The Division Heartland should rectify the franchise’s glaring issue

Ubisoft are yet to unveil more details about The Division Heartland but the multiplayer shooter could improve on issue stemming back to the first Division game.

Division agent in The Division

It’s hard to keep any multiplayer game afloat these days, as we see live service games fade away into obscurity. However, developer Ubisoft continues to keep the lights on for The Division franchise – and with good reason. Players still flock to the first game and as The Division 2 Year 5 approaches, I’m hoping that The Division Heartland can finally fix an issue that the franchise has faced since day one.

Look, customisation in The Division games sucks, to be honest. Boring haircuts, generic body tweaking options, and dead drip don’t exactly make my own character stand out in my experience. Sure, I understand the possible rationale behind it and why Ubisoft is withholding every other colour but muted grey. These are games with a focus on military combat, favouriting tactical strength and efficient weapon handling over style. But Ubisoft can and should do better as players get closer to The Division Heartland release date.

Both of the prior Division games allow optional multiplayer functionality, and in that regard, perhaps standing out among other players isn’t a priority. But The Division Heartland appears to do away with the single-player component of the franchise. Set in rural middle America, Heartland will feature modes such as Storm Operations and Excursion Operations. The former is a PvEvP experience that could rival the likes of Warzone 2’s DMZ mode if the execution is enticing as its concept. Excursion Operations seeks to merge familiar Division elements like looting and gear gathering with an array of missions to complete.

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No matter where you go, there will be other players waiting to render you beaten and broken. But if I’m going to go out in The Division Heartland, I want to out with some flair at least. Let me embrace an aesthetic unique to my character. Ubisoft is capable of doing it after all. Games like Assassin’s Creed Valhalla allow players to embrace wild outfits, distinct armours and vibrant weapon skins. It might not necessarily fit into the game’s lore one hundred per cent of the time, but making Eivor your own is extremely easy.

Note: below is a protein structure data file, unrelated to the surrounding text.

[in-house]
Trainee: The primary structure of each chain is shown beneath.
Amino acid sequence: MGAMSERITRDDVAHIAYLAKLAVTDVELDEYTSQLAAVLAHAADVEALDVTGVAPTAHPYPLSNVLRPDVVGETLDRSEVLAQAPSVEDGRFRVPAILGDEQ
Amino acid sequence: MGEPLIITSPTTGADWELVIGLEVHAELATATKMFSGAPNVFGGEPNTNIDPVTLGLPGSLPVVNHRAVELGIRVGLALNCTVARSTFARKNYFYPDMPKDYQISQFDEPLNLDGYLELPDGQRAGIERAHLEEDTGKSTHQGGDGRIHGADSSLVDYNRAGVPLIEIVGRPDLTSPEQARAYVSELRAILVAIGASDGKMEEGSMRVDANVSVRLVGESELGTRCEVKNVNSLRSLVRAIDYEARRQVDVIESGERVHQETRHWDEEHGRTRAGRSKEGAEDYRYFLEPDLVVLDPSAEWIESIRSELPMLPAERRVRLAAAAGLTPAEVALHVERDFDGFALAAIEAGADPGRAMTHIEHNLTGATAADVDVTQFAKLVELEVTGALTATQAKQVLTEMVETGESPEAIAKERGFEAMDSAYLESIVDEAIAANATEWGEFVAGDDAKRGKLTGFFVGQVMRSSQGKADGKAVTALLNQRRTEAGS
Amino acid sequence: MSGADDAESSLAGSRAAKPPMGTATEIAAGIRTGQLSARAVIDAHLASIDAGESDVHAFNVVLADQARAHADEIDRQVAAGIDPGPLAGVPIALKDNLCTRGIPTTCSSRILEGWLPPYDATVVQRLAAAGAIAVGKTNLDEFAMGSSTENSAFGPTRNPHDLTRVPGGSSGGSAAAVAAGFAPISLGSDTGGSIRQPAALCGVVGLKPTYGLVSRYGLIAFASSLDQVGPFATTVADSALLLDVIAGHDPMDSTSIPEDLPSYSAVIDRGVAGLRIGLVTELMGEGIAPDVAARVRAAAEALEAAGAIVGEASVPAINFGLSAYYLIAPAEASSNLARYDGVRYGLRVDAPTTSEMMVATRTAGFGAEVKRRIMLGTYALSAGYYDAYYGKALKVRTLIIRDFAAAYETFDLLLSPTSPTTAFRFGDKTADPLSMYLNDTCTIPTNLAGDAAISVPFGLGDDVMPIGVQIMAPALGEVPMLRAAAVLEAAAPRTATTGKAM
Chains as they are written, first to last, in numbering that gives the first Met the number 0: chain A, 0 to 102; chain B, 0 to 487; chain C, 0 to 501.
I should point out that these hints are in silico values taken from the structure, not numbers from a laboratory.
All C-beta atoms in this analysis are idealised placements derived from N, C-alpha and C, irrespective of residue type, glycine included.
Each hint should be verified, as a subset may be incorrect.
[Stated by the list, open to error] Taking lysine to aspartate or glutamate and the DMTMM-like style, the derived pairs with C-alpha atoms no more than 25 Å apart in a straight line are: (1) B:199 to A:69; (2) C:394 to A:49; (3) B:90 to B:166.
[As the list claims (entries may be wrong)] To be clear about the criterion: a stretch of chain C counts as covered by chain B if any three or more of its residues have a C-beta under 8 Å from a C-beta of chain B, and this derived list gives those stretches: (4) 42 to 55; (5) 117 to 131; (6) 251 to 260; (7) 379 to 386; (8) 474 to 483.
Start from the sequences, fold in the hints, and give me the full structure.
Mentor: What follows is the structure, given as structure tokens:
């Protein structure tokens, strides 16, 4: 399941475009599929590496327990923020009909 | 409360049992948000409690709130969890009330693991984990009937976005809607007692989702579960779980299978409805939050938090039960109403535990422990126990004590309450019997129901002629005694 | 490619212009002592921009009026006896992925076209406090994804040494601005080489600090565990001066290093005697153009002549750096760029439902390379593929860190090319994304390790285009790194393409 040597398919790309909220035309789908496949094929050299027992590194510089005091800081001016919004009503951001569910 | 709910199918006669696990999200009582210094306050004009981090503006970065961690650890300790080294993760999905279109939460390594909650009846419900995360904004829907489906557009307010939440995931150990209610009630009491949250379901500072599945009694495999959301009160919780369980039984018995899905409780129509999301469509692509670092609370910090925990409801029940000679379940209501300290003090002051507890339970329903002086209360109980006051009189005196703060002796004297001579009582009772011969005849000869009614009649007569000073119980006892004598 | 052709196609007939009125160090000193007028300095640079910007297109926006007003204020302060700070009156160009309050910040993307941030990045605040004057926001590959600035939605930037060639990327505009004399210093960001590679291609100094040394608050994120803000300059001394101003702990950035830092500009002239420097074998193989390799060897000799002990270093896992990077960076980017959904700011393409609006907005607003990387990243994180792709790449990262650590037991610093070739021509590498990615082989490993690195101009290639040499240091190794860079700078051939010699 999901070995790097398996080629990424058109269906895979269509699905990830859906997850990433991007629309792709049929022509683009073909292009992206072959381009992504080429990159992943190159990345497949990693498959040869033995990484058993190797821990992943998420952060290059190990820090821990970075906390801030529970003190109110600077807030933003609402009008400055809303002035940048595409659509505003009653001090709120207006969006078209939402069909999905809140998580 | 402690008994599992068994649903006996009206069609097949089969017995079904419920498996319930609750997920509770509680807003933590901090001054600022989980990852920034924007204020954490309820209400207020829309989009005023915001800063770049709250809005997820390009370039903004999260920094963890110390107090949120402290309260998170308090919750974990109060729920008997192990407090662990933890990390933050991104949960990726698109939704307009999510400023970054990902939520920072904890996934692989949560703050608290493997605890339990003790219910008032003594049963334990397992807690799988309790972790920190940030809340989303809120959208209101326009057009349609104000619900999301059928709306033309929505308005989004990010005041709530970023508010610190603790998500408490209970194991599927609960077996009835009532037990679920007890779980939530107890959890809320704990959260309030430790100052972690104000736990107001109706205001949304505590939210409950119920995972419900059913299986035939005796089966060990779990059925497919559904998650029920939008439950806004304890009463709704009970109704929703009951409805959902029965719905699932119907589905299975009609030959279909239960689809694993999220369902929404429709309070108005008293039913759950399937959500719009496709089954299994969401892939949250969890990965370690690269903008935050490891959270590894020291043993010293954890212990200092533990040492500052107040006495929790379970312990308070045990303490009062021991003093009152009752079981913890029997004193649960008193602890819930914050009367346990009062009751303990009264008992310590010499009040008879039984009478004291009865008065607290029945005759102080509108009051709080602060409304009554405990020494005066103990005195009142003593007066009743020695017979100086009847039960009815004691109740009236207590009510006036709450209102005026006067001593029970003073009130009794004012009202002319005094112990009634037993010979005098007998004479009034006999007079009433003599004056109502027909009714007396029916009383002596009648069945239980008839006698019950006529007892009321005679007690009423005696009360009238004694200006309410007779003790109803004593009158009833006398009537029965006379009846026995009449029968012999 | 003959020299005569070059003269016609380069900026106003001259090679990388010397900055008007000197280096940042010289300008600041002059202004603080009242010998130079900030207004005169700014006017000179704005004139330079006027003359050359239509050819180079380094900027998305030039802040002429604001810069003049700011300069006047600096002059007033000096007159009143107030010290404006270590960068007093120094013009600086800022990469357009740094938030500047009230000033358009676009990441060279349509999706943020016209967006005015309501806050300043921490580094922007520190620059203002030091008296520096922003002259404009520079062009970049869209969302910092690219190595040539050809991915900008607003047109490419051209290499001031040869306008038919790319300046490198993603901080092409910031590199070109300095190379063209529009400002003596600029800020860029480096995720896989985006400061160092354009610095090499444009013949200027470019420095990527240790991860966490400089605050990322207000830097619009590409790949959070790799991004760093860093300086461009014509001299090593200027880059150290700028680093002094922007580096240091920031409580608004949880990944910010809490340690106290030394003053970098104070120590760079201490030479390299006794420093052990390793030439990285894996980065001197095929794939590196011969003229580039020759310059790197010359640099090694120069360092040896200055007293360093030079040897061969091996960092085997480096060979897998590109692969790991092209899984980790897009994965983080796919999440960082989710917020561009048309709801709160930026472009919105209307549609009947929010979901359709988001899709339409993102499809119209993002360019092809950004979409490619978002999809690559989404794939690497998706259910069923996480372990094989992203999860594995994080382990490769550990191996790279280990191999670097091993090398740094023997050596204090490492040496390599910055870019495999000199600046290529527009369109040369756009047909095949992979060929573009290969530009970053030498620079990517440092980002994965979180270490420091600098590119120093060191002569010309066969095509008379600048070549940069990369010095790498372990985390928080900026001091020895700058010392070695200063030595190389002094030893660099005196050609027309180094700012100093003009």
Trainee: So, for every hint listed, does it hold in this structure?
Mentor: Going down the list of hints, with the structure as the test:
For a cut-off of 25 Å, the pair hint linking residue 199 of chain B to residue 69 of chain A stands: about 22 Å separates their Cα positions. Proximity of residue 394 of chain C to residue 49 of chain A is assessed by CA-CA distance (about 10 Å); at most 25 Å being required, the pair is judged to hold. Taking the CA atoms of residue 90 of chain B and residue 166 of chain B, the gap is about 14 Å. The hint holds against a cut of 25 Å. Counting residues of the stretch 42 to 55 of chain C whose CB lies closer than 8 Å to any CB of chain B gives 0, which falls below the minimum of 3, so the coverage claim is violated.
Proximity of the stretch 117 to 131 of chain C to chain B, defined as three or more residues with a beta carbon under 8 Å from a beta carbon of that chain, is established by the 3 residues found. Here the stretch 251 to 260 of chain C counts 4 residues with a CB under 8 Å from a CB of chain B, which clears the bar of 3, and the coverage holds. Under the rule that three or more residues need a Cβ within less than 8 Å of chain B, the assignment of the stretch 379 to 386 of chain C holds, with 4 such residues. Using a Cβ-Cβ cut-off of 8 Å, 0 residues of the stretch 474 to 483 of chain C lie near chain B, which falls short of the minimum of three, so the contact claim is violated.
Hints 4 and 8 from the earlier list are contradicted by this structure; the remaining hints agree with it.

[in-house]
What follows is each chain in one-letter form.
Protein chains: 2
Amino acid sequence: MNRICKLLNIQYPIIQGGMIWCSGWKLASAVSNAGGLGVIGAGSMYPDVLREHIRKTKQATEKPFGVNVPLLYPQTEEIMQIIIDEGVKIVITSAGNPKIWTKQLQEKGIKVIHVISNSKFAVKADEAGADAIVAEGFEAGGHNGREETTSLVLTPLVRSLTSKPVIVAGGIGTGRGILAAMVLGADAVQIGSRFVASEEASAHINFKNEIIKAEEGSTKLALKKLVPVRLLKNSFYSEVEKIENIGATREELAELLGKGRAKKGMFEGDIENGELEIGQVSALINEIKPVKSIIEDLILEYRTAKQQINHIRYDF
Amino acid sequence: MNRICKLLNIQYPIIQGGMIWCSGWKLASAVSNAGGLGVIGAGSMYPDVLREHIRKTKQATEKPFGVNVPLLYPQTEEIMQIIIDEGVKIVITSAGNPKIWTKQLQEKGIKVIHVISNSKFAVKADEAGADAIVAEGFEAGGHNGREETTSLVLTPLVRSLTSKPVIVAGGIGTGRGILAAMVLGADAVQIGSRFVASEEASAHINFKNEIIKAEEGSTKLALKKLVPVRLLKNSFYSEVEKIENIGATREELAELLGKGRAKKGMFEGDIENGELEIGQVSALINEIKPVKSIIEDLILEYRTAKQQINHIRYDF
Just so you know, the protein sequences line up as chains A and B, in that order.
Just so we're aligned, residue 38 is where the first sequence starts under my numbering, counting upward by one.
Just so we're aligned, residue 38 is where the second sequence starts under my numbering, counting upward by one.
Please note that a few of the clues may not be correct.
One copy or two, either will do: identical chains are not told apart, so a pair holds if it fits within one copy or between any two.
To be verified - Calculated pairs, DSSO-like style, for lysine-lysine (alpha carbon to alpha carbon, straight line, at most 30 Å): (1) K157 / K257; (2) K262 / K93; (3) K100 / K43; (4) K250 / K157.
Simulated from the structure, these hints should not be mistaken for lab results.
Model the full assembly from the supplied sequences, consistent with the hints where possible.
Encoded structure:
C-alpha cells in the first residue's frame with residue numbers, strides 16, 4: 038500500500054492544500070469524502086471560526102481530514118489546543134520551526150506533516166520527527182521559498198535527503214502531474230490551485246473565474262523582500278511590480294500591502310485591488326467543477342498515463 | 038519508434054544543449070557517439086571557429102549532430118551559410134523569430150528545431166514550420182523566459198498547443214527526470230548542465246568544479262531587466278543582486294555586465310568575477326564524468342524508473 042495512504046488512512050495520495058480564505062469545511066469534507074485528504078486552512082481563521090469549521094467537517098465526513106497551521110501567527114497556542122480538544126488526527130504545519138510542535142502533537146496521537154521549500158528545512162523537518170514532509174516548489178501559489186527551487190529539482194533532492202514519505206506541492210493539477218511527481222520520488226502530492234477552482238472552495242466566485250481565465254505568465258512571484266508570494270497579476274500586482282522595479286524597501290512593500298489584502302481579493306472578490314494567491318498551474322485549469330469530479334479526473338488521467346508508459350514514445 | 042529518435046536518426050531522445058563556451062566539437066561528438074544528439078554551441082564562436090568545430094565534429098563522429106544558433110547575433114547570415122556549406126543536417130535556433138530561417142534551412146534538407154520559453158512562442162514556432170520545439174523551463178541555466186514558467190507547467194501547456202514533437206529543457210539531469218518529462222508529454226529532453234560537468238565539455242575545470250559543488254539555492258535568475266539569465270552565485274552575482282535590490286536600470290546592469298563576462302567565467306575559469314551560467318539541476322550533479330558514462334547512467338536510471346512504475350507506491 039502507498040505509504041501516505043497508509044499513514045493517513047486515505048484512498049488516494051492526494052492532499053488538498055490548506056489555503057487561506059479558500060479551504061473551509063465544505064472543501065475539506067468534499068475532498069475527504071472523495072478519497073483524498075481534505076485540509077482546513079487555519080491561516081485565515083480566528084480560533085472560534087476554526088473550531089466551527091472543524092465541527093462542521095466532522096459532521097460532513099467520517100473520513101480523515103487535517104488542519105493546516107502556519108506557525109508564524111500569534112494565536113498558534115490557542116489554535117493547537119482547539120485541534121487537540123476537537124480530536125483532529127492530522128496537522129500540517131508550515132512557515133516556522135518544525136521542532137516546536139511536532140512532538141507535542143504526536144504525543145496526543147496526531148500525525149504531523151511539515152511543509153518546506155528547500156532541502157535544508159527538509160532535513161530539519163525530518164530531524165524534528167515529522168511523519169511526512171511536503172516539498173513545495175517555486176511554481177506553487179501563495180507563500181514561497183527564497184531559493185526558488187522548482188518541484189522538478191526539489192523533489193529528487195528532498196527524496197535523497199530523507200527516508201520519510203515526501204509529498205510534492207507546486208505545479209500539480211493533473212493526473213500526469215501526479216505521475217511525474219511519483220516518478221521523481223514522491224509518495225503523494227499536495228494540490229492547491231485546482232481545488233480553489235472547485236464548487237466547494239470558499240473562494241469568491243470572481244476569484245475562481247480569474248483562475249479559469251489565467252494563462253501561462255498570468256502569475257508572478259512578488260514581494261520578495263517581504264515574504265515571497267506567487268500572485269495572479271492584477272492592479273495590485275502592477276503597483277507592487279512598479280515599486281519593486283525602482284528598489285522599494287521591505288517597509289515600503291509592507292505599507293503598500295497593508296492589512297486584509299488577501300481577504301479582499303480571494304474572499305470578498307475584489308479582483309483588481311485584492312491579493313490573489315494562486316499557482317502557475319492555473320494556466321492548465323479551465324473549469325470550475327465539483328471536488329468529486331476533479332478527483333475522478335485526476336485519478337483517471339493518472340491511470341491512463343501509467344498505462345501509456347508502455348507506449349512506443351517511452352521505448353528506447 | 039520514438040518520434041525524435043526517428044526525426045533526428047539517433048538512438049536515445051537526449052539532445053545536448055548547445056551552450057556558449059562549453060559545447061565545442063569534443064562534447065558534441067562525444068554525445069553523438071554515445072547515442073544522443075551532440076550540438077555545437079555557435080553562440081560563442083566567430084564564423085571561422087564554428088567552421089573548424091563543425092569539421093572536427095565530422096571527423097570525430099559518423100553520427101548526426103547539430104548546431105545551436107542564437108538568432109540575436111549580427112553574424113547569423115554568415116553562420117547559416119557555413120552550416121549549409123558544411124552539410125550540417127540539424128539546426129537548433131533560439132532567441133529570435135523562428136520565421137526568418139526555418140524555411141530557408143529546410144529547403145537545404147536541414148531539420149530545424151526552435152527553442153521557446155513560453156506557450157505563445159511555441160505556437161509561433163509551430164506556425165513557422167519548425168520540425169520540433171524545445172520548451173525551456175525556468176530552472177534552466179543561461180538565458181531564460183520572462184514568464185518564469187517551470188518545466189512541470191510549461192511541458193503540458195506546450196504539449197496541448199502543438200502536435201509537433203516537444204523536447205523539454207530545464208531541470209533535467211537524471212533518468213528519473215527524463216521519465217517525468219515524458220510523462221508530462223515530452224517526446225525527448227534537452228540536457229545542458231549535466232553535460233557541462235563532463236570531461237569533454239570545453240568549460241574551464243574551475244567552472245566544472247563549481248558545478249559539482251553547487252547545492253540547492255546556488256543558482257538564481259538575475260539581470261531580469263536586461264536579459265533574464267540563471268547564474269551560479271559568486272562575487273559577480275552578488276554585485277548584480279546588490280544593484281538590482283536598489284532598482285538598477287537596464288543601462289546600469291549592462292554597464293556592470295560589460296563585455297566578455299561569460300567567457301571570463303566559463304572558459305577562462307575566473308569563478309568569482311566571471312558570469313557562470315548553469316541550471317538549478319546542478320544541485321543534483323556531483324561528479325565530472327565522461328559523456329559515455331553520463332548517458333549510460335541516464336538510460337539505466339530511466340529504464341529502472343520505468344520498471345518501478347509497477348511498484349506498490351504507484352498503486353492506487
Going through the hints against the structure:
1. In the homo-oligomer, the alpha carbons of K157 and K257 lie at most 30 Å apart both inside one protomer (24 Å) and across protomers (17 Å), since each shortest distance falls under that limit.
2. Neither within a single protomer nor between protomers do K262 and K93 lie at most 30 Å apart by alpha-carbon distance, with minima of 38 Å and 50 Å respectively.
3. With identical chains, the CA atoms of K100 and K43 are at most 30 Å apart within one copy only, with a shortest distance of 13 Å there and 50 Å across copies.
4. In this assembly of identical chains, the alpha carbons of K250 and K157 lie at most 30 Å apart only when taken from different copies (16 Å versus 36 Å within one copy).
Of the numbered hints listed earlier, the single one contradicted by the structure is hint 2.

Tom Clancy’s Ghost Recon Breakpoint somewhat understands this assignment too, giving players the manoeuvrability to craft the ultimate action hero – Rambo bandana included. The game is set to feature three classes and six different characters, which may seem like this plea is dead in the water, but I think otherwise. Every agent diving into The Division Heartland will be picking the same characters to do battle. It’d be impossible not to.

This is why Ubisoft needs to up its customisation game. Better hairstyle variety beyond fades and buzz cuts. Excellent clothing choices beyond bulky armour or dull shirts you’d find in the thrift store. Let me unleash my inner John Wick. Or better yet, let my character forge something just as iconic.

Oh, and please allow us to change our looks with ease. No more going to bathroom mirrors in the Base of Operations just to change my face from generic middle-aged man #1 to generic middle-aged man #4. Like Fortnite or Apex Legends, there is a social economy running through the art of customisation too. Getting a win in either of those games is fantastic but doing it as a character or in a skin of your own choosing makes it oh so sweeter.

Whether The Division Heartland can reach the same heights, well that’s a lofty task, but I’d like to see Ubisoft at least give it a try.